The only reason this has legs is because of Wandering Fumarole. With Fumarole, you can make Construct as big as you want by using the 0 ability over and over, which is a 2 card kill. Sadly, it takes a turn to work (summoning sickness) and you have a non-evasive creature to get through. I don’t want to dismiss a 2 card combo, but I’m also not over the moon about this.

Daredevil Dragster

Constructed: 2.0

If this lives long enough for you to cash it in for cards, I’m in. That isn’t a guarantee, and competing with Aethersphere Harvester is a tough gig (especially at a higher crew cost).

Foundry Assembler

Constructed: 2.0

While I’m generally on board with improvise cards, this seems a bit too anemic for my tastes. The only reason this would be better than one of the good colored improvise cards is if you get it to 0 and drop like 3, but that’s a lot of work to assemble a bunch of 3/3s.

Gonti’s Aether Heart

Constructed: 1.0

Maybe I’m heartless, but I just don’t see it. Too much work for an extra turn, and basically just a worse version of Aetherworks Marvel.

Heart of Kiran

Constructed: 3.5

Heart of Kiran is very powerful, large enough to deal real damage, and works perfectly with Gideon (or any other aggressive planeswalker). Vigilance doesn’t matter much unless you have a planeswalker, but then it becomes quite important. This has the cost, stats, and abilities to make a real splash in Constructed.

Hope of Ghirapur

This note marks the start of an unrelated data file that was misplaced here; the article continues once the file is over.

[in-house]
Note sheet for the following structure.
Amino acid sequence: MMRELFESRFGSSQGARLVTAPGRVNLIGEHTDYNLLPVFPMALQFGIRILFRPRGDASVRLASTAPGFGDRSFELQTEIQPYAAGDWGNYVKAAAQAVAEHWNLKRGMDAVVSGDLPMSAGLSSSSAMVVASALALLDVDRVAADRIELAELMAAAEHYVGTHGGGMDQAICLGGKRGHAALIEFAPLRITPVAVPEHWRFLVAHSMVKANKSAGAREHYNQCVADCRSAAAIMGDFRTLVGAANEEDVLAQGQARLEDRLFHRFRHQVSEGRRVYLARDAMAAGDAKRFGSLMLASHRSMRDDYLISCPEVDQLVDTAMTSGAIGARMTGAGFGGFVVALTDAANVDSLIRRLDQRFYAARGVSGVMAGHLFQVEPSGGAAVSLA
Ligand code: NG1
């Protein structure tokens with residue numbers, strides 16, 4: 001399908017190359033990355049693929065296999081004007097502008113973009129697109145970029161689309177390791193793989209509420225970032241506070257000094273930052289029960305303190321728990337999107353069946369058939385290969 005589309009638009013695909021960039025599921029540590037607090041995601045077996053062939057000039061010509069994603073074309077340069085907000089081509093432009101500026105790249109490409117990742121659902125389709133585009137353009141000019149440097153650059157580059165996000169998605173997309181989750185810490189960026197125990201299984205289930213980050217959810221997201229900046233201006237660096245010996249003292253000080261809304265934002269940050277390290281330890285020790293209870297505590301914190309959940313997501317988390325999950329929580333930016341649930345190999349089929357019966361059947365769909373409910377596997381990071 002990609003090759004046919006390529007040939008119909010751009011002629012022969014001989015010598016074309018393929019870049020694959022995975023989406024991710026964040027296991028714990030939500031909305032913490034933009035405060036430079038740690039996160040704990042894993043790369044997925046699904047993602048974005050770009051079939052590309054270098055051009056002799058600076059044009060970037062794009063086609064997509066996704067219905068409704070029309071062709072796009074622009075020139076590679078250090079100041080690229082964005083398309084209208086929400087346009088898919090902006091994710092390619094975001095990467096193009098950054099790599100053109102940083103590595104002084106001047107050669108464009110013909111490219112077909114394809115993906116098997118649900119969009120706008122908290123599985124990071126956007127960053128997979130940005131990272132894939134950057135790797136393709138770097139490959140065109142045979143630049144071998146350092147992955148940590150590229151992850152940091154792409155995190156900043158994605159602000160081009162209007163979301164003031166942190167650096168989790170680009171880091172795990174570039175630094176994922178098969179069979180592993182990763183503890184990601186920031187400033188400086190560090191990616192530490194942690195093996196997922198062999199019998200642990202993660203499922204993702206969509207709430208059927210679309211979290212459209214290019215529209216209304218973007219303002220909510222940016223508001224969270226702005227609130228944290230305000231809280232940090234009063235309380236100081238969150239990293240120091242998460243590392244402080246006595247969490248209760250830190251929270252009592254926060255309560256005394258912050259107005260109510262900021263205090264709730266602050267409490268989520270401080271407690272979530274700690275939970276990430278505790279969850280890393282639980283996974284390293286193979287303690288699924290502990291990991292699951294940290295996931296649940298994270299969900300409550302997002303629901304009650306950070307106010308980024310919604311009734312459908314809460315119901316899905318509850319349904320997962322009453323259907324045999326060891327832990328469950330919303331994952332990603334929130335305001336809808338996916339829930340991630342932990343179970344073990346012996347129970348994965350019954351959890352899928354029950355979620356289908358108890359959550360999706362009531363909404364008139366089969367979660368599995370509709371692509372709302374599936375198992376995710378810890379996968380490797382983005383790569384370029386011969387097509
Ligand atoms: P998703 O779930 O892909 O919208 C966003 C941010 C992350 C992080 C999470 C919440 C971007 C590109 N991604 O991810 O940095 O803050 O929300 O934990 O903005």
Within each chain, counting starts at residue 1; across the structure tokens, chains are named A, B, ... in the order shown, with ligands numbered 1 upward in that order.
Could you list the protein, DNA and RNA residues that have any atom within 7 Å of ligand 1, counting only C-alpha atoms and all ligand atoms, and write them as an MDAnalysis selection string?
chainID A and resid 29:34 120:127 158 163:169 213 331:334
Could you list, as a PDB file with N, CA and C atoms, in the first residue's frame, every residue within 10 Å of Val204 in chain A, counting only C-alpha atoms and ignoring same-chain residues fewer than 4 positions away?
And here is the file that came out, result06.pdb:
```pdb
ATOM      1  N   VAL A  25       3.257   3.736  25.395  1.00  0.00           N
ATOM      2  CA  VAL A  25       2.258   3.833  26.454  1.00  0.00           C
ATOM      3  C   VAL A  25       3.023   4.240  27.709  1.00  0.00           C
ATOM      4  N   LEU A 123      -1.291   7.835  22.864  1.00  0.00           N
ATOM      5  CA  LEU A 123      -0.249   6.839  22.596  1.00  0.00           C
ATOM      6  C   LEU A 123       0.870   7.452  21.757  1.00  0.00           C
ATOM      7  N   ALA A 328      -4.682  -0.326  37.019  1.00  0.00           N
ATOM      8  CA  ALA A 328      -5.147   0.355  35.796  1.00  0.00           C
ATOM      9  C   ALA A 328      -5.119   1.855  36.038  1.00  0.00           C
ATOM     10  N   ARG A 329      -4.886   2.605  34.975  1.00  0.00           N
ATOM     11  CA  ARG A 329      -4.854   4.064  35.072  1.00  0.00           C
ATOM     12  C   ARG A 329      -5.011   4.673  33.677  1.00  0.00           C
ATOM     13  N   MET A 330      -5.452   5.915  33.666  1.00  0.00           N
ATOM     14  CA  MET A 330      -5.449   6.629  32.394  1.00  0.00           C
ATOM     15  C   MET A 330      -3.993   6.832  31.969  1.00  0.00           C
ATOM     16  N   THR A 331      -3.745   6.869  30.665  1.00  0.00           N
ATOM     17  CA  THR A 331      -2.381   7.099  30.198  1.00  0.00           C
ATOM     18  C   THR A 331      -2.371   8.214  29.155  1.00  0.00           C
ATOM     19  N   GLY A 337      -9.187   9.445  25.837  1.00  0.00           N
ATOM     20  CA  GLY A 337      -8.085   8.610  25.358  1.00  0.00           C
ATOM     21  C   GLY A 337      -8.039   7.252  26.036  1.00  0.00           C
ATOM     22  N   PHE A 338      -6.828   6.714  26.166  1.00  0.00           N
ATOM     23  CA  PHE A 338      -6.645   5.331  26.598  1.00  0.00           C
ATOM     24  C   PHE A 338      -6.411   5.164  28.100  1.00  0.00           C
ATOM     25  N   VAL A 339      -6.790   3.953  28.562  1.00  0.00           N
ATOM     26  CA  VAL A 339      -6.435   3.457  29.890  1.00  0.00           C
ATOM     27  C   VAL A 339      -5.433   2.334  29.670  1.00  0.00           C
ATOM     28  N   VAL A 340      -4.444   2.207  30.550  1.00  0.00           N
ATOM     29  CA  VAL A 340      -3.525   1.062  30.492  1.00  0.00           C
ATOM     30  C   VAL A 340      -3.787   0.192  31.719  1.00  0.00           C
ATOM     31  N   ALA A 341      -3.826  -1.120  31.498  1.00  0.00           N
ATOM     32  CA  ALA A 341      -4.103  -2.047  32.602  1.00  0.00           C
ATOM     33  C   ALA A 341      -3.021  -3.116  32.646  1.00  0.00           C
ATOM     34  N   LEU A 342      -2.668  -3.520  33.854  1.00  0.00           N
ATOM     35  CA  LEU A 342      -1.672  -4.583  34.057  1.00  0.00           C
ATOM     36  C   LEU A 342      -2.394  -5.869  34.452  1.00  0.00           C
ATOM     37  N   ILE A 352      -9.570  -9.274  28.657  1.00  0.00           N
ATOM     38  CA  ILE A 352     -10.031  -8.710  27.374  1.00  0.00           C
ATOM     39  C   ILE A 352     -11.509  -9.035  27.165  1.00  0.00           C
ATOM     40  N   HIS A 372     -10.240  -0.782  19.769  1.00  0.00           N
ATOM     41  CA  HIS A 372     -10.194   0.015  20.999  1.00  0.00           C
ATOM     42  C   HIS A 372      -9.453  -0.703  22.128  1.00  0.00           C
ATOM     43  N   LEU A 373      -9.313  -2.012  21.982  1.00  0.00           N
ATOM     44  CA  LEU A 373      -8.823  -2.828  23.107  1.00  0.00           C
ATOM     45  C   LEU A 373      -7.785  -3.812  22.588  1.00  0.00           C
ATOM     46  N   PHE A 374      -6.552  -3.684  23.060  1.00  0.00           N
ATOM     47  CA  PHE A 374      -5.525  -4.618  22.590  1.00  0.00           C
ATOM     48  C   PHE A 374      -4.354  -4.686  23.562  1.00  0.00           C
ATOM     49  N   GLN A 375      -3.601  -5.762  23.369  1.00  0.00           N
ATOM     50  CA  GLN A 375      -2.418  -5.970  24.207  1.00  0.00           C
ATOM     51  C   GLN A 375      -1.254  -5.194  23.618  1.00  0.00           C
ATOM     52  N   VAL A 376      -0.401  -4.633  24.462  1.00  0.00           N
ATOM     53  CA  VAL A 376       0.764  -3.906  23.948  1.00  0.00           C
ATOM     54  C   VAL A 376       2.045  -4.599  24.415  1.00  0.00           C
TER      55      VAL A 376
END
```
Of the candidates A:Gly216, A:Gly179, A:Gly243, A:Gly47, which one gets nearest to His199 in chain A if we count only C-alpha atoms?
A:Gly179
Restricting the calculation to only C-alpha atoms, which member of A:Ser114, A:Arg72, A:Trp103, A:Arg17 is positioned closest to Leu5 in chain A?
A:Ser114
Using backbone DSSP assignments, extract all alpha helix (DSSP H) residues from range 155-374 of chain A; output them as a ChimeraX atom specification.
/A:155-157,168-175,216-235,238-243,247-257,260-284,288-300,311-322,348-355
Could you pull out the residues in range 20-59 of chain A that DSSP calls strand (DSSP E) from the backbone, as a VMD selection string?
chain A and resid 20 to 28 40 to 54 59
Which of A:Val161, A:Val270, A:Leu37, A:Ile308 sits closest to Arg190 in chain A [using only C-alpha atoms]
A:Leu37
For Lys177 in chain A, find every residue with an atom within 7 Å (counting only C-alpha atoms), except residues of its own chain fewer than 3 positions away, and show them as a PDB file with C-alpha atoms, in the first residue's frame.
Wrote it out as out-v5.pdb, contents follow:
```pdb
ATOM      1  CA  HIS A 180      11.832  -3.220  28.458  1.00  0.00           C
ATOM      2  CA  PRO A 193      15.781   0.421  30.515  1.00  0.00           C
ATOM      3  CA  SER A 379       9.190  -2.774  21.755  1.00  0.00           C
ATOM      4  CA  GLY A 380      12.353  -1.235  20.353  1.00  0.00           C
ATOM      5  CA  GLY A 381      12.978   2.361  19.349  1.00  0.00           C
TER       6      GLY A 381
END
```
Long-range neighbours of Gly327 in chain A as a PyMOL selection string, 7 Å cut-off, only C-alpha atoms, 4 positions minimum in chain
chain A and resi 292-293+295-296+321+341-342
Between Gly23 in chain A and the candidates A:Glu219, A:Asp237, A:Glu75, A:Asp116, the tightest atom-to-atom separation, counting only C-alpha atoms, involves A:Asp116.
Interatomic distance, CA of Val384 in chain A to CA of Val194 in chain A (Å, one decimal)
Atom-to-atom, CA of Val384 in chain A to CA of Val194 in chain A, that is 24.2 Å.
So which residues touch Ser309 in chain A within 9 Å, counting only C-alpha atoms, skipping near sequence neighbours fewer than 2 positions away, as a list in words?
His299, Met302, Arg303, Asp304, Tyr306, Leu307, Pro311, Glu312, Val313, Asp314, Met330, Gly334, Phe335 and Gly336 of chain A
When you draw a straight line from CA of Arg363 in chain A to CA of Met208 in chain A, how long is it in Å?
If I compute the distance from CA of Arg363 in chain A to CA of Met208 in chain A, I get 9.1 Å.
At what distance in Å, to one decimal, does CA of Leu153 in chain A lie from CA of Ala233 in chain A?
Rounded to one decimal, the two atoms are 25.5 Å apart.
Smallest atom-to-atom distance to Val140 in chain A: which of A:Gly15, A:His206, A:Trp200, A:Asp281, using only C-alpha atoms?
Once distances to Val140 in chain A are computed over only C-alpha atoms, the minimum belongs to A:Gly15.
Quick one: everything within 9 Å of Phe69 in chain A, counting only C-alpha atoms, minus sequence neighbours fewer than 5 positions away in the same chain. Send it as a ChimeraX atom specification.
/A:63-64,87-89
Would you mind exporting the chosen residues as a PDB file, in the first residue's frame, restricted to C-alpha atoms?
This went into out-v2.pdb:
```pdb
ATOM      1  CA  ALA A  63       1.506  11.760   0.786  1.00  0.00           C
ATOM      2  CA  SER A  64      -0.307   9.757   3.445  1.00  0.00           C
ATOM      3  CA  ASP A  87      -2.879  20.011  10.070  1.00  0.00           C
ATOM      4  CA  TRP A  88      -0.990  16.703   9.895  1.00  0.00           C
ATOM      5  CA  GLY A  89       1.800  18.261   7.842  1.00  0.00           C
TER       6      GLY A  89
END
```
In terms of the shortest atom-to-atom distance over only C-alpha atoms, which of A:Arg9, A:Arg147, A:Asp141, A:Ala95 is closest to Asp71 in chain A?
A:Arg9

Constructed: 3.0

I’m looking at this more for older formats, where you hopefully run into more decks full of noncreature spells. In Legacy or Vintage, this can essentially let you take an extra turn against combo, while also shutting off counterspells against control. That’s powerful for just 1 mana, and even in Modern and Standard this could be an interesting sideboard card.

Inspiring Statuary

Constructed: 3.0

The combo potential of this is literally inspiring. It essentially taps for a mana by itself, and makes it possible to just go off as long as you have a lot of cheap artifacts. Casting Ulamogs, various card draw spells, and other giant monsters sounds great, and quite doable if you can strike the right balance between enablers and threats. There is a risk of the deck not working without the Statuary, but card draw and search help mitigate that.

Lifecrafter’s Bestiary

Constructed: 2.5

The ability to draw a card for each creature you play is strong enough to warrant investigation, and getting a scry each turn is just gravy (delicious green gravy). The mana does add up if you are trying to play 2+ creatures a turn, but there are plenty of ways around that, such as Cryptolith Rite. Let’s just say it might be Ornithopter‘s time to shine in Standard, for many different reasons.

Metallic Mimic

Constructed: 2.5

A 2 drop that can potentially buff every creature you play afterwards is not weak, and there are enough tribal opportunities out there to make this a solid inclusion. A bunch of decks are tribal without even trying, which means you aren’t paying many costs to make this strong.